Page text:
The gamma human herpes virus 8 (ᶌHHV 8) may be concordant with various malignancies such as PEL, Kaposi’s sarcoma, multi-centric Castleman’ Disease, HHV8 related diffuse large B cell lymphoma (DLBCL) and germinotropic lympho-proliferative disease [4,11]. The B lymphocyte may be infected by HHV8 in the latent phase and viral replication may arise in the lytic phase, thus initiating the malignant conversion of PEL [1,8]. The latent phase of the ᶌHHV8 infection may develop into malignancy by virtue of stimulating the viral transcripts (Table 1). The latency associated nuclear antigen (LANA), viral FLICE inhibitory protein (v FLIP) and viral cyclin (ṿ Cyclin) may be involved in the evolution of HHV8 induced malignancies [1]. The latent phase of the virus may be corroborated by the LANA with the inhibition of the tumour suppressor protein p53 and the retinoblastoma protein, the dys-regulation of the NOTCH pathway, in addition to the cellular development, evolution and survival of the tumour cells [10].

Table 1:Pathological distinction of primary effusion lymphomas from aggressive lymphomas.


v Cyclin and v FLIP may enhance the tumour progression by selectively activating the cyclin dependent kinase 6 and the transcription factor nuclear factor kappa B(NF-₭B) network, respectively. Multiplication of tumour cells with prohibition of apoptosis may be achieved with the conservation of viral latency. ᶌ HHV8 may assemble quantities of viral interleukin 6 (vIL6) which may activate the vascular endothelial growth factor (VEGF) to augment the vascular permeability and increase the incidence of PEL [9]. vIL6 may inhibit apoptosis by repressing the pro-apoptotic cathepsin D (Figure 1).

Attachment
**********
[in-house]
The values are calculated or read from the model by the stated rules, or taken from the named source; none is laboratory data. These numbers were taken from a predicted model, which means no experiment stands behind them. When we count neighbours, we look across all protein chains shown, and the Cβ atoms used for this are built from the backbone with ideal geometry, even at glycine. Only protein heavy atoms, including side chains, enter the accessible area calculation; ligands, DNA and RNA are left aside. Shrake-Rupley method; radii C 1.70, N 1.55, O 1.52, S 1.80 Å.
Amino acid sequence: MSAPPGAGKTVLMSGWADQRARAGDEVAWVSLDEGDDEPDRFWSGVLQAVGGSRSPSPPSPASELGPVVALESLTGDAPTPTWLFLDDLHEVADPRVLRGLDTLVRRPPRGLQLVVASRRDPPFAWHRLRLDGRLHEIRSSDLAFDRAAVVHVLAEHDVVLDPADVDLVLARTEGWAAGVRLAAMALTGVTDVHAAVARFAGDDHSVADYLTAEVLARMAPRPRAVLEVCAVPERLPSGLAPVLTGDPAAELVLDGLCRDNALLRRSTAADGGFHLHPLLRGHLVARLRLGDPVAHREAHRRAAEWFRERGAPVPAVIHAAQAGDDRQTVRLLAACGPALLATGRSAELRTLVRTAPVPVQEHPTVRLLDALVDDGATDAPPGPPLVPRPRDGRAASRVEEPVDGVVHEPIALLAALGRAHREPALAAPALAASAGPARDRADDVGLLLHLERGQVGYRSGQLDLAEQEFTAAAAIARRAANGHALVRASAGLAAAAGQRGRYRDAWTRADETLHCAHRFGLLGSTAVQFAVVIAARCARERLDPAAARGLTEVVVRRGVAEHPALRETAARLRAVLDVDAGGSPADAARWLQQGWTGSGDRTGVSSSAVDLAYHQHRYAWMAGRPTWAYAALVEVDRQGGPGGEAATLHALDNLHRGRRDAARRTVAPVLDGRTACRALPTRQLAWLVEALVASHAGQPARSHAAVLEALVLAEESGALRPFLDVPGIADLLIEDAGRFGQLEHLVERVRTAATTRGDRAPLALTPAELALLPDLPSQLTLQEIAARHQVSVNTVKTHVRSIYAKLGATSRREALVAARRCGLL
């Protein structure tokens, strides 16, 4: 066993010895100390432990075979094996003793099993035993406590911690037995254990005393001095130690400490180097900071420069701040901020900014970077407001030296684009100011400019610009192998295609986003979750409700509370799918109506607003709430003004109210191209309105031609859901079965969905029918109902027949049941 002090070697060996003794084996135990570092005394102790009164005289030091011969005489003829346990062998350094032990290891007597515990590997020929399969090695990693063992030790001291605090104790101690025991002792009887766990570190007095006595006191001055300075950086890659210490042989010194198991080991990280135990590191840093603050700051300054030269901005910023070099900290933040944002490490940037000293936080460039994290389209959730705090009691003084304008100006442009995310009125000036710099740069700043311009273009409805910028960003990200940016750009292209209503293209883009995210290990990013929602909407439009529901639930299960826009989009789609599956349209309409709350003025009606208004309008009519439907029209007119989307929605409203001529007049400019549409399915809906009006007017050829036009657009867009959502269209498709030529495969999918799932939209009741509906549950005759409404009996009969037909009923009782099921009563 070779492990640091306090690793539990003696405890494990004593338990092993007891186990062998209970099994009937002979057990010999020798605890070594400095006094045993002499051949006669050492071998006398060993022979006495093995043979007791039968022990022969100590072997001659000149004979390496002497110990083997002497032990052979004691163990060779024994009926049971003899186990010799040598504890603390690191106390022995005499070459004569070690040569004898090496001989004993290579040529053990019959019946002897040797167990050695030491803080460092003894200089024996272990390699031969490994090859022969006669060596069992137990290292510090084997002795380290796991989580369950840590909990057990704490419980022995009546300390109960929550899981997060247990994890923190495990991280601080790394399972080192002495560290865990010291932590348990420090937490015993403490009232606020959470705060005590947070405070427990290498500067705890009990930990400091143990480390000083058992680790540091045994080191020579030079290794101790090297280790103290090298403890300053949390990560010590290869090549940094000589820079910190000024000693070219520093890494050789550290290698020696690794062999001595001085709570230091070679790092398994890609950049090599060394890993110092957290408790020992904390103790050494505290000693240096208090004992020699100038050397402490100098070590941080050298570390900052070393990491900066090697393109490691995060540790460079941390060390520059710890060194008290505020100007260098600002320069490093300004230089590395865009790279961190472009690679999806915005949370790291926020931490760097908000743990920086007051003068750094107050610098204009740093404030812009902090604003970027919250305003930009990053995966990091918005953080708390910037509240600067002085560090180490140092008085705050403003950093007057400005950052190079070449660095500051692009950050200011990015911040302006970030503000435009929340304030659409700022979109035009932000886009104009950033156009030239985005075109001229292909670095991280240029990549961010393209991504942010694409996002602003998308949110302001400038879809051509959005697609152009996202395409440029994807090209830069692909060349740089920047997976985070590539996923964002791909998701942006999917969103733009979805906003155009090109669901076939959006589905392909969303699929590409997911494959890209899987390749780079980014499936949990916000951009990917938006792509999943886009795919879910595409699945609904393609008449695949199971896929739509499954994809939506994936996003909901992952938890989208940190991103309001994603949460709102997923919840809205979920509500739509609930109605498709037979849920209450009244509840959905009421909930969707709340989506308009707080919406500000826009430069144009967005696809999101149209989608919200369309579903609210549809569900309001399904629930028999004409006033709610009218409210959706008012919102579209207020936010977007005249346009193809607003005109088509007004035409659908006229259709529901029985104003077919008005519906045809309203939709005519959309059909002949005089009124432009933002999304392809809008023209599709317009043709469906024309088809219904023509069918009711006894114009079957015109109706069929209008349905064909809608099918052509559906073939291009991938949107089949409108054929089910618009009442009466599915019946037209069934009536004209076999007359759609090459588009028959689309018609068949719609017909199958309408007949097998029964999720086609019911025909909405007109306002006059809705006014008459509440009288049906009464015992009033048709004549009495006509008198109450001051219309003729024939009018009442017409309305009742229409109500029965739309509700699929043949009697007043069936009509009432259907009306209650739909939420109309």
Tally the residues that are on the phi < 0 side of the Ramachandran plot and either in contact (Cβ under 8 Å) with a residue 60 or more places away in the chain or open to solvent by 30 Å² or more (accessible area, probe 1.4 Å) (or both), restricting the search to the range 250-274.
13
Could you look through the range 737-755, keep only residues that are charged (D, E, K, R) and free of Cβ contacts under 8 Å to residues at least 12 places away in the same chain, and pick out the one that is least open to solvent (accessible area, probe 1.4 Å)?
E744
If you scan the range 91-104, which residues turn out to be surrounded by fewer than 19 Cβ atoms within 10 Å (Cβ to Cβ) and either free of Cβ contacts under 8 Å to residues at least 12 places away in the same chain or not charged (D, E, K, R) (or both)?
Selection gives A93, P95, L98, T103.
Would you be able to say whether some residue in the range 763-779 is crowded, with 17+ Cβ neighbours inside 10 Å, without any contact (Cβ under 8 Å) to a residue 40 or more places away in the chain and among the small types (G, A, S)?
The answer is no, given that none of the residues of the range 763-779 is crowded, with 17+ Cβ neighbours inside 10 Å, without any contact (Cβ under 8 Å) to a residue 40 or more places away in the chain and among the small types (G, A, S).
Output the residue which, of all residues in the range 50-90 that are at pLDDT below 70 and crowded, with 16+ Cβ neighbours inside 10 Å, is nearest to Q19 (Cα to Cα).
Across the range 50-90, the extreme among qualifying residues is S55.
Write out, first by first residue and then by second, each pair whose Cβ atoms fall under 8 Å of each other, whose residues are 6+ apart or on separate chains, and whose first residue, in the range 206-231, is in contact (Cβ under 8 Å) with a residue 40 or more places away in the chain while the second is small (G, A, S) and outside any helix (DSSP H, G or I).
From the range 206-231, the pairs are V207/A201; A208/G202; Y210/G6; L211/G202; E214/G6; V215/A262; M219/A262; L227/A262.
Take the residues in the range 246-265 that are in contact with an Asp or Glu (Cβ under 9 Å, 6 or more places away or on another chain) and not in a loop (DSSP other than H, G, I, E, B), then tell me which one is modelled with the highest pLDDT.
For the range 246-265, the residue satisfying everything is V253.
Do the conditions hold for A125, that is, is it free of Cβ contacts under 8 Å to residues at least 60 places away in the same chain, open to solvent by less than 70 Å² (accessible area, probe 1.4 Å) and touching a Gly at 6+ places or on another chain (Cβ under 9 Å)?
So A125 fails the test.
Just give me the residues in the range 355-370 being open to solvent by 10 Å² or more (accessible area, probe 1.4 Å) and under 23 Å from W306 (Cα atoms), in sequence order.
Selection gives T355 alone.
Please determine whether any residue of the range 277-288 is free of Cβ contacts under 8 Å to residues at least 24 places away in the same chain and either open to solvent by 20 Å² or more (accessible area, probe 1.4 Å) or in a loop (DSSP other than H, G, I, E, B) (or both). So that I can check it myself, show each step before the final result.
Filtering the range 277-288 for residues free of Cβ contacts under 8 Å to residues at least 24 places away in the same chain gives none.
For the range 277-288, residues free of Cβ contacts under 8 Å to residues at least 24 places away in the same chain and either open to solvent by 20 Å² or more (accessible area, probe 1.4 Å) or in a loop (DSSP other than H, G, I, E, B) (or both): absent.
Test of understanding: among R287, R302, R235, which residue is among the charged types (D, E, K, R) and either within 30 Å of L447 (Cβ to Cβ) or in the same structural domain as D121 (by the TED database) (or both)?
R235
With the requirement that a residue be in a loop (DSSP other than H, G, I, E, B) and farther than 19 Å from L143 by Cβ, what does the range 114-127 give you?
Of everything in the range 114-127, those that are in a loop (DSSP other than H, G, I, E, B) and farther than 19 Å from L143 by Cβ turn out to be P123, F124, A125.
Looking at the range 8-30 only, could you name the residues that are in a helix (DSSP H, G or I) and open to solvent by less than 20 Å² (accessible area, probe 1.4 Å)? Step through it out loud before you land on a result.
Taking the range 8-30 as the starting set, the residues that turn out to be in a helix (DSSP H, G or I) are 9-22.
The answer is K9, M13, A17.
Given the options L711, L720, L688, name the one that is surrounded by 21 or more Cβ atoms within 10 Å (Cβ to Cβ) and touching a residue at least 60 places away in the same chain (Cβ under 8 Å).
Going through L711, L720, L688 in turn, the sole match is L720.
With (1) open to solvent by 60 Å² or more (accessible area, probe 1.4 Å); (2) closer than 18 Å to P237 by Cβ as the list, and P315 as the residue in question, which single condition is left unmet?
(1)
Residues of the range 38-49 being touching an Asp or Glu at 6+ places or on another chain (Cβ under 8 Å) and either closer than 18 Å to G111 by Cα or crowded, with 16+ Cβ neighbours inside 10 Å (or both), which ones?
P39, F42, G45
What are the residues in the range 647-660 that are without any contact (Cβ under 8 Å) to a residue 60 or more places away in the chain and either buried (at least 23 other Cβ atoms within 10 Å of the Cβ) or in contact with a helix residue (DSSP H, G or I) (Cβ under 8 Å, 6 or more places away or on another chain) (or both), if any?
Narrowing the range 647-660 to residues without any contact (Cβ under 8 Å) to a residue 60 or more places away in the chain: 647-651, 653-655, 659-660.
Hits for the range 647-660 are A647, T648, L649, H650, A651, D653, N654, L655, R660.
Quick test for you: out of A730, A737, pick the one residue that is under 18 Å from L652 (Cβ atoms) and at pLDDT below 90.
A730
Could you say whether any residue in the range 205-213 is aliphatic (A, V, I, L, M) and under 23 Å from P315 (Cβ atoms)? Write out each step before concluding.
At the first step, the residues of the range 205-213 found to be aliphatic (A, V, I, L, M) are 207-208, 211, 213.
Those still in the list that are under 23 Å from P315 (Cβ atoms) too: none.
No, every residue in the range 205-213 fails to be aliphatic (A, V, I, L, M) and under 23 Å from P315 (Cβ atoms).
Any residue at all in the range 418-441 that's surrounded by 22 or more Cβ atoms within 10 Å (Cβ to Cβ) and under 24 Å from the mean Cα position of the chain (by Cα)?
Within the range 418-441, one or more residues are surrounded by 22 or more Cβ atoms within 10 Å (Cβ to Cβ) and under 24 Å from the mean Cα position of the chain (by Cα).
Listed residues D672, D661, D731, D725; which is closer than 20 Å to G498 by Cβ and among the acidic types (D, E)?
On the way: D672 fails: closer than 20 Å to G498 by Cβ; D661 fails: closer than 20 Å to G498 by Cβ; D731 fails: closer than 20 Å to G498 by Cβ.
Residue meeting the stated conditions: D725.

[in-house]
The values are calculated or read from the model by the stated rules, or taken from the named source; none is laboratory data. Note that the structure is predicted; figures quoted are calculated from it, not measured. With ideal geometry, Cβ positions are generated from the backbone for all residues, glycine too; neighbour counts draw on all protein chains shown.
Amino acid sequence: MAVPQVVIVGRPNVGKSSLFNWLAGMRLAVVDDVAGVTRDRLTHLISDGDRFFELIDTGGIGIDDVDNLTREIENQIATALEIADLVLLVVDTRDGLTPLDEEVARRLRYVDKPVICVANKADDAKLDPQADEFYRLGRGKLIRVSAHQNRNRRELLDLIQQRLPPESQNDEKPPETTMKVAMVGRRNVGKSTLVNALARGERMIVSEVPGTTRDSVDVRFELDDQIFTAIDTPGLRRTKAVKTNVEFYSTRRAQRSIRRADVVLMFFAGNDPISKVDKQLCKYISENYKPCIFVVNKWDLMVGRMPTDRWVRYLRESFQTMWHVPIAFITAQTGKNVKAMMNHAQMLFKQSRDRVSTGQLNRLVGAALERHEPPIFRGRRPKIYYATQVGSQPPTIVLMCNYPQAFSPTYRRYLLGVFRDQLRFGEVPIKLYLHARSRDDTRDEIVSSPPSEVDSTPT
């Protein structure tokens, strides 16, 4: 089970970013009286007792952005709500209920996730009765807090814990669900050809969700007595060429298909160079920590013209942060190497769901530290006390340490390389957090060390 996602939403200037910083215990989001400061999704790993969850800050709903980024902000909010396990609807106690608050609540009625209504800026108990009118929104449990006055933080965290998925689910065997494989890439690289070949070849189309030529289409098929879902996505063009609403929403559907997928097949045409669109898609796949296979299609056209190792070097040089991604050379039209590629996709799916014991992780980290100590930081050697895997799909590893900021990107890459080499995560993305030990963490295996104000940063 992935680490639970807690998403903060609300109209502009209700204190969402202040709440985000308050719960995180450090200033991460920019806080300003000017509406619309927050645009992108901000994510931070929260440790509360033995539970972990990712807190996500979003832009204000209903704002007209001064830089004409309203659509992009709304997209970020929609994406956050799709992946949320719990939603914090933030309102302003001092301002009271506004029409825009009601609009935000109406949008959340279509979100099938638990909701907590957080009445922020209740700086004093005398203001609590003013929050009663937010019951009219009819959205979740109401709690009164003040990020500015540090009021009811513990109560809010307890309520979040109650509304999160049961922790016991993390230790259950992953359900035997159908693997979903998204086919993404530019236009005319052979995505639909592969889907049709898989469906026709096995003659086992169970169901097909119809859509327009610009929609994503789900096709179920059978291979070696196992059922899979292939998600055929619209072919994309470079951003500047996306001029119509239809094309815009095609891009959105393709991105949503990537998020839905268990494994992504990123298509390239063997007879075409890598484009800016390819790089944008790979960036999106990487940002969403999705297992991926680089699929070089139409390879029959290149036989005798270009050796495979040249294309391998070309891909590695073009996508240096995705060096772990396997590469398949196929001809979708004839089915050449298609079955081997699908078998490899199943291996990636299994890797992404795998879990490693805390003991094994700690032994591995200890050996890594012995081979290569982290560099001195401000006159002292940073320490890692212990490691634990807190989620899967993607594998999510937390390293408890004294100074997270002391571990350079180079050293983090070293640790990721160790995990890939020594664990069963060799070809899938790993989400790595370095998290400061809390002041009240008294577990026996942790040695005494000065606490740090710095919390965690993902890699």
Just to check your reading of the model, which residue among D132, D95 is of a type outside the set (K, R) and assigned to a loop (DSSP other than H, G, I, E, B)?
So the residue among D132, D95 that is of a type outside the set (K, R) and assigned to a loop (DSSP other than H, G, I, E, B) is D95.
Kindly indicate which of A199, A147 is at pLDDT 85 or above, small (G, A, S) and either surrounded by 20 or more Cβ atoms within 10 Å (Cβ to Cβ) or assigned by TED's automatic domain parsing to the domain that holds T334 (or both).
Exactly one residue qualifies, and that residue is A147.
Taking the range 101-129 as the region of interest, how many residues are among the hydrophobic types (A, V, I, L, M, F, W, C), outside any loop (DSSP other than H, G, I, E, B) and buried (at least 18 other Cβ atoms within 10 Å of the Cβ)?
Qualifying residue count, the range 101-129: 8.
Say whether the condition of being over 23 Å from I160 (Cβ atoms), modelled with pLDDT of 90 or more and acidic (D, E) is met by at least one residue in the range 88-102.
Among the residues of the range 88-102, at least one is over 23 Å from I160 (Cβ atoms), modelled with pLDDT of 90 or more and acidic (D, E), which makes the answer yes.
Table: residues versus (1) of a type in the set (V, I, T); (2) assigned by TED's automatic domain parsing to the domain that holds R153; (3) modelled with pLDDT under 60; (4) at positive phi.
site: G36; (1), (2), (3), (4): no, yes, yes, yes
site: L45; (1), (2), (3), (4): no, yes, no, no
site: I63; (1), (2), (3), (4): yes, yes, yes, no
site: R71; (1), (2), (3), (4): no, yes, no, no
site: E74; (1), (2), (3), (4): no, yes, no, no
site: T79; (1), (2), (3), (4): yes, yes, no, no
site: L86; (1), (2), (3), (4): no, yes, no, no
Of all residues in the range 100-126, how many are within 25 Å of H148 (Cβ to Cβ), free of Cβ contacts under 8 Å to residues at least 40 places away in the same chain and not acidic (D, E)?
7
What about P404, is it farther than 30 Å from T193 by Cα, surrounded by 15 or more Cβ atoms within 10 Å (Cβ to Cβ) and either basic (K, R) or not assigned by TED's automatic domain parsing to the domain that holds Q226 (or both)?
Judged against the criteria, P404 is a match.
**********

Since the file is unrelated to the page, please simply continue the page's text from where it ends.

Figure 1:PEL: large cells with nuclear pleomorphism.


Accessory genes of the ᶌHHV8 within the latent viral phase may initiate the malignant transformation through cellular multiplication, cellular binding, apoptosis, angiogenesis, cytokine formulation and propagation of B lymphocytes, thus augmenting the development of the tumour [4,11]. The lytic and reproductive stage of HHV8 infection may produce cellular dissolution and demise of the infected cell. Thus, it may be advantageous for the virus to persist in the latent phase in order to augment disease progression and cellular extinction.

Disease Demonstration

Figure 2:PEL: secondary to KSHV infection: immunoblastic appearance.


Lymphoma induced effusion in the body cavities (pleural, peritoneal, pericardial) may be clinically suspicious for malignancy. The magnitude of the effusion and the underlying disease process may define the clinical aspects of the lymphoma (Figure 2). An immune compromised host who is symptomatic (i.e. short of breath), may have a pleural effusion detectable on imaging, amplification of the abdominal girth and elevation in intra-abdominal pressure or pedal oedema. Such manifestations may indicate cavity specific fluid aggregation due to PEL. Cardiac tamponade accompanied by dizziness, hypotension electrocardiogram (ECG)changes may signify a pericardial involvement. B symptoms such as fever, > 10% total body weight loss within the preceding six months and drenching night sweats may appear. An extra-cavitary mass may be discerned (Figure 3). Viscera abutting a body cavity, regional lymph nodes, bone marrow, skin, central nervous system and gastro-intestinal tract may be incriminated by the extension of the disease process [12,13].